Smallville seems to be the meteor capital of the world, as the small town was bombarded by a shower which also brought the infant Kal-El to Earth. Found and adopted by the Kents, a childless couple who run a farm, as he grows, he begins to develop powers far beyond those of any normal human. He can run fast, jump higher and so on.
But it’s not all good for Clark - those meteors have turned green and can kill him, and they seem to be everywhere. Plus, they emit some kind of radiation that has affected some of the Smallville inhabitants, giving them some kind of unpredictable mutant power, be it the ability to affects the minds of others, or to cause objects to burst in to flame and so on. The meteors have also had a profound effect on the lives of two others, Lana Lang lost both parents when they hit the Earth, and young heir to billions Lex Luthor lost his hair in the shock of a near miss. As far as series set-ups go, the producers had plenty to work with.
Casting was of course crucial, and this is where the series really came into its own with plenty of fan and geek pleasing choices. Tom Welling plays Clark Kent with an eerie channelling of the late Christopher Reeve in the delivery of his dialogue. In fact, Welling plays the part so well, I’m disappointed that he’s not in the role for next year’s Man of Steel, especially as he’s now old enough to play Superman convincingly and there’s a natural continuity already in place. Another inspired fan pleasing choice was casting Annette O’Toole in the role of Martha Kent, as she was already known to Superman fans as the original Lana Lang from Superman 3.
Michael Rosenbaum fills the role of Lex Luthor, quickly becoming one of TV’s most likeable villains. The fact that we know he’s going to turn out to be one of the most evil men the planet has ever seen doesn’t detract from his charm or his coolness. Smallville’s story is as much about Lex’s slow descent into villainy over the course of several seasons as it is about Clark’s rise to heroism. Like Yin and Yang, they’re two sides of the same coin.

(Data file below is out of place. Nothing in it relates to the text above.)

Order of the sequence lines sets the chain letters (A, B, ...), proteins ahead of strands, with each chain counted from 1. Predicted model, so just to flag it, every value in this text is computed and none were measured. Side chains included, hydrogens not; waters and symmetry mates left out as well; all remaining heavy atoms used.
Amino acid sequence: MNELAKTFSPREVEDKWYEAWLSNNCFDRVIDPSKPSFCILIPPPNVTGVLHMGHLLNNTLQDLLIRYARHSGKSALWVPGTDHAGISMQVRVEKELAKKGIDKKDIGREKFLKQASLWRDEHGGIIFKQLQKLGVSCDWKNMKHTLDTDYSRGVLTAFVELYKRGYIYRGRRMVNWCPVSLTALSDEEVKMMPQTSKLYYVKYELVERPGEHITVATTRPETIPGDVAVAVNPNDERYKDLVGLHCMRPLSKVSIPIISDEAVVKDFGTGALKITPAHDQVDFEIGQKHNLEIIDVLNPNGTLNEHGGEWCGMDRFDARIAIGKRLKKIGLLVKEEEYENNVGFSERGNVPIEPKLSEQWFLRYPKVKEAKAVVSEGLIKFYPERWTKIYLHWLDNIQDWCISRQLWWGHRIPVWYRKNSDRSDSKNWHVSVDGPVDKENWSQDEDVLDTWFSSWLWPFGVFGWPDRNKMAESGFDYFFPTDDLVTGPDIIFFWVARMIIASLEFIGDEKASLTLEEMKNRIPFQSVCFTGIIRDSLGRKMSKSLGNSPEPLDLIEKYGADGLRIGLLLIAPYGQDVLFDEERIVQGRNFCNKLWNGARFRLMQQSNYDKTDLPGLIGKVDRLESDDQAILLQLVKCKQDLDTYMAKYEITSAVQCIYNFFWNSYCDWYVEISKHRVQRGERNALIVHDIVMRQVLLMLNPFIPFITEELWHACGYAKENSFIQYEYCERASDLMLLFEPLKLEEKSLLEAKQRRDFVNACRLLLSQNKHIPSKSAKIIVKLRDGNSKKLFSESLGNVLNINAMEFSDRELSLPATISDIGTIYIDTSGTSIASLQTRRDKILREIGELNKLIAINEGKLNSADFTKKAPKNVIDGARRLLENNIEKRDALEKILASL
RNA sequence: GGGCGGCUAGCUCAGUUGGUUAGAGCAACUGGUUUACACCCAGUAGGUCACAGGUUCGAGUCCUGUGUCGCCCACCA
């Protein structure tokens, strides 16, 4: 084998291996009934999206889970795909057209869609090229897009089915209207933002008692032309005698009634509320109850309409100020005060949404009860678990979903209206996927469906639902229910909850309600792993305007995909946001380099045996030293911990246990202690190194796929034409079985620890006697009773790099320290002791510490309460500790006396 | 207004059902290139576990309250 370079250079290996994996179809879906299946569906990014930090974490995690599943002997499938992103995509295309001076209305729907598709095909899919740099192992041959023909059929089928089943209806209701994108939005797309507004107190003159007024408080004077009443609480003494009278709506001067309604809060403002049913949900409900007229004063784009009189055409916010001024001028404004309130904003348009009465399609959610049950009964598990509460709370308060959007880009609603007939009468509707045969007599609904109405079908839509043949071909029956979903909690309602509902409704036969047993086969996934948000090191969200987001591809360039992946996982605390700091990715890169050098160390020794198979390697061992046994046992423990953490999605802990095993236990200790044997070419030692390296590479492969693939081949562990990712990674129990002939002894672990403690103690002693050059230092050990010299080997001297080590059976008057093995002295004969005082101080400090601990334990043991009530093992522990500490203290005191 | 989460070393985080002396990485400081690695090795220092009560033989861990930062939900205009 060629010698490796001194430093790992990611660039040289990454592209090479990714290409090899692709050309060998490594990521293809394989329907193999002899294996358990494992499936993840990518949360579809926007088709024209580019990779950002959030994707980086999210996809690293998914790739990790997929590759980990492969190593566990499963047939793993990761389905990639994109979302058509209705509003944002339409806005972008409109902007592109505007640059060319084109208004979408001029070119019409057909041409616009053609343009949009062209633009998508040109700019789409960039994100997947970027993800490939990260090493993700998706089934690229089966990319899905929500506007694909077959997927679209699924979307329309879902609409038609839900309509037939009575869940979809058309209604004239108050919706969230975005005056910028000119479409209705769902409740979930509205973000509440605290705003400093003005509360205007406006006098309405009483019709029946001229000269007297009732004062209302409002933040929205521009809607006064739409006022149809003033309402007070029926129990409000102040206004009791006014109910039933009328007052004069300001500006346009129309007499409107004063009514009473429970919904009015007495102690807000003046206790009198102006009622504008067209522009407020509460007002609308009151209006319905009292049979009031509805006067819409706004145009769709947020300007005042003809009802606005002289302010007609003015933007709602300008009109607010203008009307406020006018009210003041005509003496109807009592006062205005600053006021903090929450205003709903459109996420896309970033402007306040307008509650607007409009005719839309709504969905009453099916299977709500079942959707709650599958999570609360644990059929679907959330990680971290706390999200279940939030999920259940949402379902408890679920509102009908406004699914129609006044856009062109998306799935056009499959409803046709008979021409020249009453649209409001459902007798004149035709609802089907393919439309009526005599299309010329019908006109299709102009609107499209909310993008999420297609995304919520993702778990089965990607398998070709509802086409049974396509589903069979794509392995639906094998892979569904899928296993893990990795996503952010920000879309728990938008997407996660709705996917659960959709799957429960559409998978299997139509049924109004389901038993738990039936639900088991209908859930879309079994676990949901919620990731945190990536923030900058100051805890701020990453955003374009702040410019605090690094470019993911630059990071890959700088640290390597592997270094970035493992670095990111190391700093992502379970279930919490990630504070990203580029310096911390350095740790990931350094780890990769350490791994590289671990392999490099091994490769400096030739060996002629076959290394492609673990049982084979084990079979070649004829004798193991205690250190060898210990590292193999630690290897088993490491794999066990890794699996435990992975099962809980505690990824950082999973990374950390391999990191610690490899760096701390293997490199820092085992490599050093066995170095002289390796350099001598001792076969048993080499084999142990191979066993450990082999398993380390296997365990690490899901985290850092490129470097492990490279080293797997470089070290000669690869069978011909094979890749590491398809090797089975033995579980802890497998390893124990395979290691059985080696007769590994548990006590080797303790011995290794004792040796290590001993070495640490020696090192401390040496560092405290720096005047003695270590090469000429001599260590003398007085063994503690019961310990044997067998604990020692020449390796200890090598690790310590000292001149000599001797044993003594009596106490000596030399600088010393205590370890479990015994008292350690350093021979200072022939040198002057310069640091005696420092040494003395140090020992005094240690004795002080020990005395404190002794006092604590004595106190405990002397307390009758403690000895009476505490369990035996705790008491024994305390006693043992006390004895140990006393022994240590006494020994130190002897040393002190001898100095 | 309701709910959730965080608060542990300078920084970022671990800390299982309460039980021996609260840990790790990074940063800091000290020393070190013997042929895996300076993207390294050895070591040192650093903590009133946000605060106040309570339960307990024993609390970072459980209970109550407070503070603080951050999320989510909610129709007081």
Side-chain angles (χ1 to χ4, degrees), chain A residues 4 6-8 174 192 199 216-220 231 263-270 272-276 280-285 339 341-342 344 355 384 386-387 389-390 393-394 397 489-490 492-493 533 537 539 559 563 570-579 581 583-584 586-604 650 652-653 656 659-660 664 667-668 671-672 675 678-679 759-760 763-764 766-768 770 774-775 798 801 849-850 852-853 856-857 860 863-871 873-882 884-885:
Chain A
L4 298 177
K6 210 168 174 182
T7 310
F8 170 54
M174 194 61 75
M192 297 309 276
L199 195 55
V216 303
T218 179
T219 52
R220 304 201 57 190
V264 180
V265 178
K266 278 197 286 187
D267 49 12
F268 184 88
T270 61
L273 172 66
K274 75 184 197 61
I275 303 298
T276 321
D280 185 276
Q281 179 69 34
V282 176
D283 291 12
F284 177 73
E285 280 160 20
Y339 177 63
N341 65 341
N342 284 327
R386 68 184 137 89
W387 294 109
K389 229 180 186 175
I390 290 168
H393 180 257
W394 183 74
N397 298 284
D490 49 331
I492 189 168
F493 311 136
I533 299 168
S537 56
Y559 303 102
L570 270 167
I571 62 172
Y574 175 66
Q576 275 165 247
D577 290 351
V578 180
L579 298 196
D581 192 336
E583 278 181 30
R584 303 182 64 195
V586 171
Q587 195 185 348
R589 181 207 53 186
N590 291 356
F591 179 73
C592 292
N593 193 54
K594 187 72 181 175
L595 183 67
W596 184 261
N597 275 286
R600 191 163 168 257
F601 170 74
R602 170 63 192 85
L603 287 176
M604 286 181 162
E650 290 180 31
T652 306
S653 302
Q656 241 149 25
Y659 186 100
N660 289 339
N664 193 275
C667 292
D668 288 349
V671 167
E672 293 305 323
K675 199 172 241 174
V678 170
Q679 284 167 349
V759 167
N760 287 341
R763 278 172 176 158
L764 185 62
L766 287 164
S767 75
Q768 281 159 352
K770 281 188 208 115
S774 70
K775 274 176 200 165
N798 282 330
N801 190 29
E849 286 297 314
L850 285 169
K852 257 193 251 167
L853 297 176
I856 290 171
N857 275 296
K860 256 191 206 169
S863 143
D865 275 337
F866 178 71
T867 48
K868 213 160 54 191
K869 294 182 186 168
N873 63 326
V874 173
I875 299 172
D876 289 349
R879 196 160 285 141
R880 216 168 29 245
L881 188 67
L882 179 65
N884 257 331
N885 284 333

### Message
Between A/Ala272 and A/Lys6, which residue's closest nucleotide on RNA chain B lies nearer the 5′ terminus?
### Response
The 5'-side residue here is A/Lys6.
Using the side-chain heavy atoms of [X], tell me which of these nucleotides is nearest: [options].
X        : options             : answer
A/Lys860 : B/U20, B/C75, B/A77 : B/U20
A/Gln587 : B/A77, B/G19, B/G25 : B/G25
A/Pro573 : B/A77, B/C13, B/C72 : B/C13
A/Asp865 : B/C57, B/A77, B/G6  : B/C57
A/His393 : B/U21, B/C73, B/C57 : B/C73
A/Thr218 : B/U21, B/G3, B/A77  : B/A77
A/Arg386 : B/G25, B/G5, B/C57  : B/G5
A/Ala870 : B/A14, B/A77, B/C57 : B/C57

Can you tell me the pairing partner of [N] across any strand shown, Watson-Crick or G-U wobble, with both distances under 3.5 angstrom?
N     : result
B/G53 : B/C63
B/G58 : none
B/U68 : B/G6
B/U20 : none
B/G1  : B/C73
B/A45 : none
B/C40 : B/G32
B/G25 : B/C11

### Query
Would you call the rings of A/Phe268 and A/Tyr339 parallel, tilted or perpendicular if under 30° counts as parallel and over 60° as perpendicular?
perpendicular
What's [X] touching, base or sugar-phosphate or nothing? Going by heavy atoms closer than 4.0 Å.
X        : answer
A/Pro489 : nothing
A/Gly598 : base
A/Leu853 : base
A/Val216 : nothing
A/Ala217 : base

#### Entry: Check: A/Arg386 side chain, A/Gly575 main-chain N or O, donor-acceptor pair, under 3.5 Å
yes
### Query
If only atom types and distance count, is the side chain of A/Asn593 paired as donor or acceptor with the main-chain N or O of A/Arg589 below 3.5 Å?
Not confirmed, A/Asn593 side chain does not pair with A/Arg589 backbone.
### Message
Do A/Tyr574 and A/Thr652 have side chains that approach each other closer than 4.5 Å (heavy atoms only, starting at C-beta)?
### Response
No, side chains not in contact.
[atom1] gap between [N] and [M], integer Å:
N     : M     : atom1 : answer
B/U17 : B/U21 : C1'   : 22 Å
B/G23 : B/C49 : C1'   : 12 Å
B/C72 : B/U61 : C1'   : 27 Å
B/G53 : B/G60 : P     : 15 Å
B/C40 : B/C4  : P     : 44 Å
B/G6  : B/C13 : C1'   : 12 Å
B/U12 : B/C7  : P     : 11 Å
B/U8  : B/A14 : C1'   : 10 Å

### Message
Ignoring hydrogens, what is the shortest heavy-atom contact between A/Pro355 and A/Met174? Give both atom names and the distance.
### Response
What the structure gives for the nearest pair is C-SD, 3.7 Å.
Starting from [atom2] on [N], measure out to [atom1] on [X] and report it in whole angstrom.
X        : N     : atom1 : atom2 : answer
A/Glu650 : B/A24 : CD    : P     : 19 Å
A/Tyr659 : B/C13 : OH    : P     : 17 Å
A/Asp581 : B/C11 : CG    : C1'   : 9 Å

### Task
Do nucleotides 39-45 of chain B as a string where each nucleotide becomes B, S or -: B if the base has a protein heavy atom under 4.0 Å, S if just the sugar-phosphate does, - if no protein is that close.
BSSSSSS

If Clark needs a Lex, then of course he also needs a Lois, and this is a character they’ve handled especially well. Erica Durance plays the part of a nosy, irritating nuisance, constantly as annoying to Clark as he is to her in return. You can see this character growing to be the same person that Teri Hatcher portrayed in Lois & Clark. My only issue is - stunning as she is, Erica Durance just seems older and mature than the rest of the supposedly teen cast. This is despite her being a year younger than Tom Welling but then she IS four years older than Allison Mack. Go figure. It’s no biggie, she just seems like a twenty something among a bunch of teens and with the exception of Lex, I’m guessing they’re all supposed to be around the same age.
Kirsten Kreuk’s Lana Lang tries hard to smoulder, but ends up simpering and Alison Mack’s Chloe Sullivan...well, I like the character, but I can’t recall there being a Chloe Sullivan in the Superboy comics I used to read. Maybe she was introduced in one of the relaunches, who knows? But certainly a character that I’ve grown to like is the evil through and through Luthor senior, Lionel (John Glover). Again - he’s so evil that you can’t help but like him - both he and Lex are from the "love to hate him" mould as Larry Hagman’s J.R.Ewing back in the days of Dallas. And this brings me to something I’ve noticed becoming clearer as the episodes - Smallville is less of a teen/young adult drama, and more of a soap in the Dallas category. Except better written.
Fans of DC comics will love the references to a young Flash and Cyborg - but the real miracle, for me at least, is that they’ve even made the dullest of DC’s roster of heroes interesting - that takes a lot of doing with Aquaman and Green Arrow, but the Green Arrow episodes especially are compelling - and I could never stand him in the comics, unless he was team with the Green Lantern.